Why must we confine the reading of our children to the older literary classics? This is the question asked by an ever- increasing number of thoughtful teachers. They have no wish to displace or to discredit the classics. On the contrary, they love and revere them. But they do wish to give their pupils something additional, something that pulses with present life, that is characteristic of to-day. The children, too, wonder that, with the great literary outpouring going on about them, they must always fill their cups from the cisterns of the past.
The short story is especially adapted to supplement our high- school reading. It is of a piece with our varied, hurried, efficient American life, wherein figure the business man's lunch, the dictagraph, the telegraph, the telephone, the automobile, and the railway "limited." It has achieved high art, yet conforms to the modern demand that our literature—since it must be read with despatch, if read at all—be compact and compelling. Moreover, the short story is with us in almost overwhelming numbers, and is probably here to stay. Indeed, our boys and girls are somewhat appalled at the quantity of material from which they must select their reading, and welcome any instruction that enables them to know the good from the bad. It is certain, therefore, that, whatever else they may throw into the educational discard when they leave the high school, they will keep and use anything they may have learned about this form of literature which has become so powerful a factor in our daily life.
This book does not attempt to select the greatest stories of the time. What tribunal would dare make such a choice? Nor does it attempt to trace the evolution of the short story or to point out natural types and differences. These topics are better suited to college classes. Its object is threefold: to supply interesting reading belonging to the student's own time, to help him to see that there is no divorce between classic and modern literature, and, by offering him material structurally good and typical of the qualities represented, to assist him in discriminating between the artistic and the inartistic. The stories have been carefully selected, because in the period of adolescence "nothing read fails to leave its mark"; [Footnote: G Stanley Hall, Adolescence, vol. II.] they have also been carefully arranged with a view to the needs of the adolescent boy and girl. Stories of the type loved by primitive man, and therefore easily approached and understood, have been placed first. Those which appealed in periods of higher development follow, roughly in the order of their increasing difficulty. It is hoped, moreover, that this arrangement will help the student to understand and appreciate the development of the story. He begins with the simple tale of adventure and the simple story of character. As he advances he sees the story develop in plot, in character analysis, and in setting, until he ends with the psychological study of Markheim, remarkable for its complexity of motives and its great spiritual problem. Both the selection and the arrangement have been made with this further purpose in view— "to keep the heart warm, reinforcing all its good motives, preforming choices, universalizing sympathies." [Footnote: Ibid.]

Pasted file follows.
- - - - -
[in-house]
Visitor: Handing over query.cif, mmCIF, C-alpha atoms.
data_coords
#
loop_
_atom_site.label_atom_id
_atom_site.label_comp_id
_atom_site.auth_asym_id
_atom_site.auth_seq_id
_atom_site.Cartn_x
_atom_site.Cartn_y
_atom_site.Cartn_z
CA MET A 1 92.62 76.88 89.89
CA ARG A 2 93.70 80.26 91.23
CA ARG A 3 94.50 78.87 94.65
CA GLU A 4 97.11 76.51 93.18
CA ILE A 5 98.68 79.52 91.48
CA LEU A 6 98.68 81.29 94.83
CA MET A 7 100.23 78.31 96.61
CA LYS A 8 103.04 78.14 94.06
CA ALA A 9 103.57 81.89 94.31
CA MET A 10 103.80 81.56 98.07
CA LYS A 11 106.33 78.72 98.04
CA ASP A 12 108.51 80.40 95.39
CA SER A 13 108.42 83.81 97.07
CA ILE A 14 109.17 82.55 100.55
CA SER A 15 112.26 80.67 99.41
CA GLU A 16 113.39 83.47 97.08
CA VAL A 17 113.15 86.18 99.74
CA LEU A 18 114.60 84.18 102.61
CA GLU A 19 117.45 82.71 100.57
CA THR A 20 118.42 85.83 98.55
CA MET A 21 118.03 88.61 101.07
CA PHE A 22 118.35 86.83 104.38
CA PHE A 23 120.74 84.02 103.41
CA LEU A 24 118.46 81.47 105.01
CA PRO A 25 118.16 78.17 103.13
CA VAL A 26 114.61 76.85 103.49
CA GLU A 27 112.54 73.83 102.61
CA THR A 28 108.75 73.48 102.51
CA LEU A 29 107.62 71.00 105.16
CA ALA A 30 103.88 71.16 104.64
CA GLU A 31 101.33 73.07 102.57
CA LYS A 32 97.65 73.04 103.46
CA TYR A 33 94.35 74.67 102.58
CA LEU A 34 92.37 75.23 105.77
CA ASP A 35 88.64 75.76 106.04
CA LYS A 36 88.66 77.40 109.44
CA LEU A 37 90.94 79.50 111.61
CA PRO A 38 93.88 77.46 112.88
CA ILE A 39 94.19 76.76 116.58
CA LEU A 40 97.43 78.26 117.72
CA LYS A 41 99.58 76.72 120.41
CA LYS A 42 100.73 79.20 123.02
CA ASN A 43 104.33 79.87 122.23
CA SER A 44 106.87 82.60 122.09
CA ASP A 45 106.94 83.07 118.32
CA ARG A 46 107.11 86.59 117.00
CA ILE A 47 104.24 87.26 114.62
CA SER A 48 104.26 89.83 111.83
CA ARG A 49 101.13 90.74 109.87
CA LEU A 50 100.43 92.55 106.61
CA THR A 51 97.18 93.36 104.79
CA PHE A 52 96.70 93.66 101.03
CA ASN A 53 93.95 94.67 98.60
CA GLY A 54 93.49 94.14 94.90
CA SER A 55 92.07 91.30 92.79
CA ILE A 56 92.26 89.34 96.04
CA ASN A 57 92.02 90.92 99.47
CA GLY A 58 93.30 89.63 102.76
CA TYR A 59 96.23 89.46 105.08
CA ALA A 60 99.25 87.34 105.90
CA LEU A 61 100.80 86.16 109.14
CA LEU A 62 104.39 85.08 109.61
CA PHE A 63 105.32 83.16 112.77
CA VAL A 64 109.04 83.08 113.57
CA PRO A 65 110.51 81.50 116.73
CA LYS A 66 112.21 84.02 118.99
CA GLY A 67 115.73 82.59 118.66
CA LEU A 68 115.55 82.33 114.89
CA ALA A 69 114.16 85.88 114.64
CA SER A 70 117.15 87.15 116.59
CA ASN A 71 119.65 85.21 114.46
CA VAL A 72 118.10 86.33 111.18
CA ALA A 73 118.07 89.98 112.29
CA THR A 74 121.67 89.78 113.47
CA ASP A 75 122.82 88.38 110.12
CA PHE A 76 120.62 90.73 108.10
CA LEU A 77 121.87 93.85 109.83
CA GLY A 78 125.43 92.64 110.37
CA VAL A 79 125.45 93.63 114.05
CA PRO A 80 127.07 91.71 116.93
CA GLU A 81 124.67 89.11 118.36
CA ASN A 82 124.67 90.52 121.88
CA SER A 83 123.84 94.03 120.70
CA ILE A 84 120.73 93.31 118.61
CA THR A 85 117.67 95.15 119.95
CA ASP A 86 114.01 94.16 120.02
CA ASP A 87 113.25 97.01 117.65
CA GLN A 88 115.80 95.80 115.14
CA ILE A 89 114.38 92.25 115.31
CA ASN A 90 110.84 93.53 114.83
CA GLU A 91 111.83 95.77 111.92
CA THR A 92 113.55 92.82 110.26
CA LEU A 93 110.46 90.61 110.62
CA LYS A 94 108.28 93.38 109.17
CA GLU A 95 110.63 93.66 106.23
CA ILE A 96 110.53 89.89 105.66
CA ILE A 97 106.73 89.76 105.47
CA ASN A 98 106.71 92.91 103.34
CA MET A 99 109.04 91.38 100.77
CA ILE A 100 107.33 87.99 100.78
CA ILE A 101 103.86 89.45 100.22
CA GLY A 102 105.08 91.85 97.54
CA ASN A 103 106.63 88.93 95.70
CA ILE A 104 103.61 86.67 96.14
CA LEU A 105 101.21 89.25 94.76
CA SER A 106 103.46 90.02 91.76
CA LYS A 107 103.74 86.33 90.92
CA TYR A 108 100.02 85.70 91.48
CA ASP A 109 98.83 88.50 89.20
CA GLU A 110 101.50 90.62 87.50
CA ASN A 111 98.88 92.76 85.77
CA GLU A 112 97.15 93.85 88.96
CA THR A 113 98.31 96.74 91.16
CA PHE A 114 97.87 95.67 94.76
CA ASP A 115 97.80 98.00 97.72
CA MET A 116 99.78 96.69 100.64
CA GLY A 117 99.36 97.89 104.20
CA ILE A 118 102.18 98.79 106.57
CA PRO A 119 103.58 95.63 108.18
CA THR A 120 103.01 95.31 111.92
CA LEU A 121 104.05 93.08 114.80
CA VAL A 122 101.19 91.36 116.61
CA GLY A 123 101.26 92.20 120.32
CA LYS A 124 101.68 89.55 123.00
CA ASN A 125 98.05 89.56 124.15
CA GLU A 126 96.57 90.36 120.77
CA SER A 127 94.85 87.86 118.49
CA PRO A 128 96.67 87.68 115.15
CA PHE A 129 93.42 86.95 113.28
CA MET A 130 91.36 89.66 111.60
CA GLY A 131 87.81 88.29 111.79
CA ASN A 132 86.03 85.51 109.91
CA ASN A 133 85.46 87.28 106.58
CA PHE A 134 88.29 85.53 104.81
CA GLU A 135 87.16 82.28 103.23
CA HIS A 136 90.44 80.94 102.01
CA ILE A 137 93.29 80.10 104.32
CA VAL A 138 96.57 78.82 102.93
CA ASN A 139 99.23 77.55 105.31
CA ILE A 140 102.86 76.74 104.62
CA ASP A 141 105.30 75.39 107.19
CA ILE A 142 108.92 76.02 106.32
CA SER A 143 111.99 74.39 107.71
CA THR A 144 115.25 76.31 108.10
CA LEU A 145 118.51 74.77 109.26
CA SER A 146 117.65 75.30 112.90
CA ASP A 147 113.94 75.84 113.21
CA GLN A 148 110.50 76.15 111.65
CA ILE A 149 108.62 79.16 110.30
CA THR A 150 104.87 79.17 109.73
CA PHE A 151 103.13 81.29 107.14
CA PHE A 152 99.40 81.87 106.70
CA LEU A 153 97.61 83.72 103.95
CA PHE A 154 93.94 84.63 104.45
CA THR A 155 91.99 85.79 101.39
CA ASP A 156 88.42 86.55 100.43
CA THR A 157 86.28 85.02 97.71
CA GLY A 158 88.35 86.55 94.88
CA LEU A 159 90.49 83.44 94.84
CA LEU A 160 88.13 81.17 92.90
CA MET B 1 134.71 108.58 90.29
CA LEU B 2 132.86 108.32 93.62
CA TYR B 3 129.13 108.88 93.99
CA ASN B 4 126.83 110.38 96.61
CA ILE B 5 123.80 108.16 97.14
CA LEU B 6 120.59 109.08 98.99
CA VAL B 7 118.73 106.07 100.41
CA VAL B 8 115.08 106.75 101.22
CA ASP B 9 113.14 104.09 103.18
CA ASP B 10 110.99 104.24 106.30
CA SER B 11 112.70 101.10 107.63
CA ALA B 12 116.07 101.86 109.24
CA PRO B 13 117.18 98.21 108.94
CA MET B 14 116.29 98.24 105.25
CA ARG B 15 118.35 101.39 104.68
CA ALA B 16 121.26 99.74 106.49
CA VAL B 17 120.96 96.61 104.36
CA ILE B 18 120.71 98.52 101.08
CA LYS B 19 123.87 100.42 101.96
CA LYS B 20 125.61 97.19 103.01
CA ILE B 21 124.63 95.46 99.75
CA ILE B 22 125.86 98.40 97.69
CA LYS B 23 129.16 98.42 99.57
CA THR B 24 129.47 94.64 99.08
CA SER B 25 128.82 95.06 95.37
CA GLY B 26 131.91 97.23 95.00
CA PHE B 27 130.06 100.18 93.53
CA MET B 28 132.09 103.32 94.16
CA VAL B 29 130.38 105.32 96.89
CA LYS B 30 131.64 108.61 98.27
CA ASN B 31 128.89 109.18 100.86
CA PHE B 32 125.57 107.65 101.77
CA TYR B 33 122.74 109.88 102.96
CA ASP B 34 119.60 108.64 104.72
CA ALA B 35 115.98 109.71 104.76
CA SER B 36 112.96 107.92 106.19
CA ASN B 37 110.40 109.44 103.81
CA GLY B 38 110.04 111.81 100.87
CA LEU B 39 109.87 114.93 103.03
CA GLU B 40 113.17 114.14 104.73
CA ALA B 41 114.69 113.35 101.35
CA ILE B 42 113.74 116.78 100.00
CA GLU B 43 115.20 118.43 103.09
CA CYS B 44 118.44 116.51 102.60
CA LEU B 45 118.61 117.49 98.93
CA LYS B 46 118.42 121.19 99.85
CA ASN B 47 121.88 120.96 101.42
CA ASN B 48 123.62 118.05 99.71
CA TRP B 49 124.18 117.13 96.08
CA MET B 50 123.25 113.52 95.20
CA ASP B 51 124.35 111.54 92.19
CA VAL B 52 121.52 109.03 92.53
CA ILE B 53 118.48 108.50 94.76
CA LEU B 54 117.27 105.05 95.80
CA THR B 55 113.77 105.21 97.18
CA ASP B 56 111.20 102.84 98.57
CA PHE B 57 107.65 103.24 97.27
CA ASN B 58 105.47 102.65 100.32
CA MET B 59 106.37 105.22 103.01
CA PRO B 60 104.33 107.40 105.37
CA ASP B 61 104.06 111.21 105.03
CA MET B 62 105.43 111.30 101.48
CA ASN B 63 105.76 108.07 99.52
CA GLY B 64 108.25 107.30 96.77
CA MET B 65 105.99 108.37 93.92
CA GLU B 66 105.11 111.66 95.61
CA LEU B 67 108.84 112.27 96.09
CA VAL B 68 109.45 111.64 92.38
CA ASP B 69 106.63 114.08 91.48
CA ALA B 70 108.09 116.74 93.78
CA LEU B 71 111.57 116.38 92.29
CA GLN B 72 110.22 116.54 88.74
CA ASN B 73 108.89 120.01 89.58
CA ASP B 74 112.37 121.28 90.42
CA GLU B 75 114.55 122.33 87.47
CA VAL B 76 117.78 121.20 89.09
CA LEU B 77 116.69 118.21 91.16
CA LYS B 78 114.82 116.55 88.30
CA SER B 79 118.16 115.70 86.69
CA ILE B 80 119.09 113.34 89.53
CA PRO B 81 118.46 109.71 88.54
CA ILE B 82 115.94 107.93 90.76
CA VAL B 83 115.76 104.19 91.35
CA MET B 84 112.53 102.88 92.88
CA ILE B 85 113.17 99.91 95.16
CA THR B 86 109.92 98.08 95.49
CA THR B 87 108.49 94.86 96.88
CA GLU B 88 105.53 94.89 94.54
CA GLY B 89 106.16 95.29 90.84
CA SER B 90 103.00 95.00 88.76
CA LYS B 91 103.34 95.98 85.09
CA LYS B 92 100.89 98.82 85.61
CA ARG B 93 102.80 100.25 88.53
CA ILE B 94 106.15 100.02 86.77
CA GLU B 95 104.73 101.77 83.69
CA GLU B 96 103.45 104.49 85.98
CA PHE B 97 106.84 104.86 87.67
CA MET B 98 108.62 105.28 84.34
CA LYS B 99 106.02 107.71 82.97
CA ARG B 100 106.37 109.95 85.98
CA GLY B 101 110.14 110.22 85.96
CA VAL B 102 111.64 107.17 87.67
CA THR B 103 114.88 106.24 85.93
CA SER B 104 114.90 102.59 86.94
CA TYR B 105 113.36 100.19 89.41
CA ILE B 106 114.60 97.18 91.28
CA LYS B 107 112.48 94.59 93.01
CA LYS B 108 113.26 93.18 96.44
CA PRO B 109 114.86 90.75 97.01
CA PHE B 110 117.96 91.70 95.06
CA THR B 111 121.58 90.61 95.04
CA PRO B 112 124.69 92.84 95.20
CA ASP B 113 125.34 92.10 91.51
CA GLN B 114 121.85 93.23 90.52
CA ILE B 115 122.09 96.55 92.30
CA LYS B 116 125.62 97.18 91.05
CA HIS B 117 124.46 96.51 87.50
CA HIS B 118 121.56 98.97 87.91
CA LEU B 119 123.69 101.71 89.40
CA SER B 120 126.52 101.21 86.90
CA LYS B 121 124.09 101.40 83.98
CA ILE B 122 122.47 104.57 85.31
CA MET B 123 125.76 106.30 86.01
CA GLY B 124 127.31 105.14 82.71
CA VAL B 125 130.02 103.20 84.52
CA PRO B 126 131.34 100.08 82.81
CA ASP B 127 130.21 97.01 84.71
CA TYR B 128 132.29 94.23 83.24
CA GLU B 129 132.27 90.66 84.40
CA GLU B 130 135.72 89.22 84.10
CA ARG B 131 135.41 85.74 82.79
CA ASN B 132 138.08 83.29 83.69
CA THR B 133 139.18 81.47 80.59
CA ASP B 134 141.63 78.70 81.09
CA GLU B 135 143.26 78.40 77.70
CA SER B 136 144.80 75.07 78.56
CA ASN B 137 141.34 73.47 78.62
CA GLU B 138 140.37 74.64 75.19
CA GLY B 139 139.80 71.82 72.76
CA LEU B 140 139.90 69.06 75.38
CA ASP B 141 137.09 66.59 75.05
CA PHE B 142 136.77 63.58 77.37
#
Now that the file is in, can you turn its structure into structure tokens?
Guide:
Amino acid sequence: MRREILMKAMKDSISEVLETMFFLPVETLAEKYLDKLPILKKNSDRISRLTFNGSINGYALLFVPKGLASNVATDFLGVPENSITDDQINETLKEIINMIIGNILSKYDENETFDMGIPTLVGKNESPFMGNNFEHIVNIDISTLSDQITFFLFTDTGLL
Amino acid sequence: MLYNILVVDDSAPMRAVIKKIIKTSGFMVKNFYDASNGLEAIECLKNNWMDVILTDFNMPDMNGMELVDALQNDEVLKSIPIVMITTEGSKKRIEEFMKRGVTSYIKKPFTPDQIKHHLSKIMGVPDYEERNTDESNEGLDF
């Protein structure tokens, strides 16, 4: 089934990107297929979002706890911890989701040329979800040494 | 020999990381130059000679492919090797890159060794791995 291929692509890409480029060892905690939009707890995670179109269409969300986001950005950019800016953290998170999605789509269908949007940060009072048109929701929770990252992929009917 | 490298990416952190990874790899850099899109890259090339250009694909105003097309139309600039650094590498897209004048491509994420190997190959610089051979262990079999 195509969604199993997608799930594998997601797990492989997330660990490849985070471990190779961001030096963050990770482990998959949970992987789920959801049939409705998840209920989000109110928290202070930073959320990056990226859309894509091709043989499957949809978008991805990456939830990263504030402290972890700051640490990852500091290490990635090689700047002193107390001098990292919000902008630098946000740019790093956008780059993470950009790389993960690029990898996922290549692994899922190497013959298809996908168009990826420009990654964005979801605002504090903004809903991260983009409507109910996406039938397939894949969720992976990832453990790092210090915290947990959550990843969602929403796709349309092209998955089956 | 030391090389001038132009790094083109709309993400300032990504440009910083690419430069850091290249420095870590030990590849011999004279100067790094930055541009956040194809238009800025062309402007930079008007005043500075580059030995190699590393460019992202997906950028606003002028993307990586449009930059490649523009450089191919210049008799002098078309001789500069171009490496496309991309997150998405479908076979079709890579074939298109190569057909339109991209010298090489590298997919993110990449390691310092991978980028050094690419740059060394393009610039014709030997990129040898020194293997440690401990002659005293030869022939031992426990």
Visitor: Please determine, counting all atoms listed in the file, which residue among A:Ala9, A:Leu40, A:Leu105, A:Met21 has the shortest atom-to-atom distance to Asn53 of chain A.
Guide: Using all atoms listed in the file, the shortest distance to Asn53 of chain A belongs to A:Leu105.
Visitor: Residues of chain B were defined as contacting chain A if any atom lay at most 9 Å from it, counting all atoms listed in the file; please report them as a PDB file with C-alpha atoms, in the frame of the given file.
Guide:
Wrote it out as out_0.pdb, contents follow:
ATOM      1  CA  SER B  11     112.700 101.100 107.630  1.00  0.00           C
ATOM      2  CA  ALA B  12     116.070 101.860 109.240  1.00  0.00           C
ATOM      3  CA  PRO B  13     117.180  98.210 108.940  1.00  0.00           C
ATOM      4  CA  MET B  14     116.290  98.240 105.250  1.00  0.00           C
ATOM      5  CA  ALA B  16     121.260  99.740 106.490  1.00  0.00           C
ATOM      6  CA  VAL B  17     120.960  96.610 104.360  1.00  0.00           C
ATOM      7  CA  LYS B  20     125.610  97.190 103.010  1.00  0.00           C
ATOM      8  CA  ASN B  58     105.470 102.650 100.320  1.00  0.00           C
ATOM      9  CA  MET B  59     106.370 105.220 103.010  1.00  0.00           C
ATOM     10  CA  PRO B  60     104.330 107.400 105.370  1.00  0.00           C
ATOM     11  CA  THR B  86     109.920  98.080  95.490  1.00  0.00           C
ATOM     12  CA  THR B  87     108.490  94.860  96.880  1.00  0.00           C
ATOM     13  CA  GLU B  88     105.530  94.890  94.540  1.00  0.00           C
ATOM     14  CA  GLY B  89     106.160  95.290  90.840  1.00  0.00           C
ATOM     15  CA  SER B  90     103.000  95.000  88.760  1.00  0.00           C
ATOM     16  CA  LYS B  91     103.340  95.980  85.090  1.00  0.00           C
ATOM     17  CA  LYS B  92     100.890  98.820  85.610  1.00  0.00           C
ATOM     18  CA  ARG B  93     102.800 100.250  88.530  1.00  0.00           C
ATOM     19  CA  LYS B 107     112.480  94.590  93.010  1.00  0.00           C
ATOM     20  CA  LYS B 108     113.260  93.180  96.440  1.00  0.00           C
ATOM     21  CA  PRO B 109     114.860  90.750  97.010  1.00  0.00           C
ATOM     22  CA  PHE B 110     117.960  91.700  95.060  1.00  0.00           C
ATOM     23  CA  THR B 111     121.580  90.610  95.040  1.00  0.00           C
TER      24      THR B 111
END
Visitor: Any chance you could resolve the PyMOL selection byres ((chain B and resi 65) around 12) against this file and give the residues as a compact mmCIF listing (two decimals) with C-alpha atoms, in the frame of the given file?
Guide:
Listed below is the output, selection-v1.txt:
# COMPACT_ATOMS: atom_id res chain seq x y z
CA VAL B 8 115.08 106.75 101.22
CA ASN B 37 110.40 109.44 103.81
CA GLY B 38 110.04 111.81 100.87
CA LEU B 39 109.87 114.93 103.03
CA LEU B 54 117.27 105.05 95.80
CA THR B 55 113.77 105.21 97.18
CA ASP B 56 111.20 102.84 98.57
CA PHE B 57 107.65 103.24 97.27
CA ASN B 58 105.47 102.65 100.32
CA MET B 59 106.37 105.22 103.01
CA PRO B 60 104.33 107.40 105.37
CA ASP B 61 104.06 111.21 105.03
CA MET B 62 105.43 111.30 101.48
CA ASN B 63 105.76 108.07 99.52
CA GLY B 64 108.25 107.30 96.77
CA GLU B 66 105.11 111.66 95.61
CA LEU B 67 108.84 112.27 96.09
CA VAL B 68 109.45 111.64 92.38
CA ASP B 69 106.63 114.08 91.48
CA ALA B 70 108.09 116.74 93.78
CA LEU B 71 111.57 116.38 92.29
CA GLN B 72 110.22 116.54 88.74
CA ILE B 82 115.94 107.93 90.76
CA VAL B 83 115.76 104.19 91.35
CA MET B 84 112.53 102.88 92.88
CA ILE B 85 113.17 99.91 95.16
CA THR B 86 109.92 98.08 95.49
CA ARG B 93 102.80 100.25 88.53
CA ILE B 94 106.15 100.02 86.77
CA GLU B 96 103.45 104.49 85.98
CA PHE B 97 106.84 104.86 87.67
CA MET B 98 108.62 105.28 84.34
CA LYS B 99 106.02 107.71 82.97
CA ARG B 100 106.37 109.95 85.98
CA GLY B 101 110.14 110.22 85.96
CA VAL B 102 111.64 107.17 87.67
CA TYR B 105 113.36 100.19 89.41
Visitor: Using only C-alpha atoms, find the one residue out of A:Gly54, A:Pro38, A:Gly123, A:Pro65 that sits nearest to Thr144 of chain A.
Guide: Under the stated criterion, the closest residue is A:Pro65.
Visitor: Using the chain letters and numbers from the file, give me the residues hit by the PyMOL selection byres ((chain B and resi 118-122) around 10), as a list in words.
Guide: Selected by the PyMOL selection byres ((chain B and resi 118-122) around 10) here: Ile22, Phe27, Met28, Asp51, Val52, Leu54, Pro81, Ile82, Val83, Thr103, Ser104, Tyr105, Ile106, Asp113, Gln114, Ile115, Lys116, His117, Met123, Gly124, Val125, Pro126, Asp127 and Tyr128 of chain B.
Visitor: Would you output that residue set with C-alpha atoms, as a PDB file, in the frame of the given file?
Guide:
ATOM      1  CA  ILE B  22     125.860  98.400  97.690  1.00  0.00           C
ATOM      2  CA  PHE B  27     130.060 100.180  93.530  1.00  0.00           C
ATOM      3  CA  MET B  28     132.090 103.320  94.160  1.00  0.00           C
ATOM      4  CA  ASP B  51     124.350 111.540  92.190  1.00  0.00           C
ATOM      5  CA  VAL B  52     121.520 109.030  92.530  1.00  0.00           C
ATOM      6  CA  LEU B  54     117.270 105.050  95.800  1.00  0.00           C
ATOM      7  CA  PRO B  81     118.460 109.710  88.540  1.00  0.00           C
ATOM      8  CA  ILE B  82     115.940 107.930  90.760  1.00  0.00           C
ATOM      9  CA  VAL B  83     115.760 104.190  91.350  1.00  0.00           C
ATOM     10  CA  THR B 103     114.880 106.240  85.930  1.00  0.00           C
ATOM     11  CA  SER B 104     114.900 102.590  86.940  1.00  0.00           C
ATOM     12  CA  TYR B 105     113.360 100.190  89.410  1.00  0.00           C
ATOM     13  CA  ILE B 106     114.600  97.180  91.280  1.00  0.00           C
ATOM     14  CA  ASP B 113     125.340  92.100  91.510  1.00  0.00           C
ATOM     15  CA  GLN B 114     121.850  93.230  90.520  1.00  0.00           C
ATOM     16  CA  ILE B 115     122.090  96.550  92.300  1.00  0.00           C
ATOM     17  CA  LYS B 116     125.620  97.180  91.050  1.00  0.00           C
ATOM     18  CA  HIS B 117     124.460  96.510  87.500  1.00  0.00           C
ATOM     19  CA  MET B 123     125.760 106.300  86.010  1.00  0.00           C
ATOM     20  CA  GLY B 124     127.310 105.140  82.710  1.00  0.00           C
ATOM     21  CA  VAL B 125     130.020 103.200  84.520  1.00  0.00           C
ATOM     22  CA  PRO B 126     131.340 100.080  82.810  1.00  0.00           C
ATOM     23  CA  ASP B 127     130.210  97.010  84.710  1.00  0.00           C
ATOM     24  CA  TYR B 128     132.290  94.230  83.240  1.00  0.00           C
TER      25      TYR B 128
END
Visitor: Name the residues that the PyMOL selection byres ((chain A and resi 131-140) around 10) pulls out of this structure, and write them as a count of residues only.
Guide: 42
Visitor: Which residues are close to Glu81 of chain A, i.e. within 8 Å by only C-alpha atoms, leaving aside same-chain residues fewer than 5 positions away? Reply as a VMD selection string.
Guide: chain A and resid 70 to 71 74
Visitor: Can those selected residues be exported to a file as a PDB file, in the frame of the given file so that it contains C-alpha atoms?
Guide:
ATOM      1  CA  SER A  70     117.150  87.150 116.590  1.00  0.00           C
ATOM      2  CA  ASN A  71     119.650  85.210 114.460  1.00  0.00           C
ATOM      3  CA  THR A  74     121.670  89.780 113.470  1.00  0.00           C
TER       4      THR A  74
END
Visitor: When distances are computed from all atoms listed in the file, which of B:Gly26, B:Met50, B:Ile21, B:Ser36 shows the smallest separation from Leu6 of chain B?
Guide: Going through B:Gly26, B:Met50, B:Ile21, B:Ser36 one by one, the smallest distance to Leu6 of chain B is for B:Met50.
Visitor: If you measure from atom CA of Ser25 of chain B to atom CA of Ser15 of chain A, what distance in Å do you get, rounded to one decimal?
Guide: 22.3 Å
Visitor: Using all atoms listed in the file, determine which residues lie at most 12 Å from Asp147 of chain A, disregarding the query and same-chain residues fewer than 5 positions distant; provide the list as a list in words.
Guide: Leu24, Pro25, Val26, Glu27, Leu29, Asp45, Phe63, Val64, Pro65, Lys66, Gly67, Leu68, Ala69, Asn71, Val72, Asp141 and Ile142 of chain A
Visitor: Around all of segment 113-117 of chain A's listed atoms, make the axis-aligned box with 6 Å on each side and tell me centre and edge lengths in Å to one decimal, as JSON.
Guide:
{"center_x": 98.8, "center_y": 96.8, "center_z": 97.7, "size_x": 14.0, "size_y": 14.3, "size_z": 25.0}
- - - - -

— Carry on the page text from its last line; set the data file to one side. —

It is a pleasure to acknowledge, in this connection, the suggestions and the criticism of Mr. William N. Otto, Head of the Department of English in Shortridge High School, Indianapolis; and the courtesies of the publishers who have permitted the use of their material....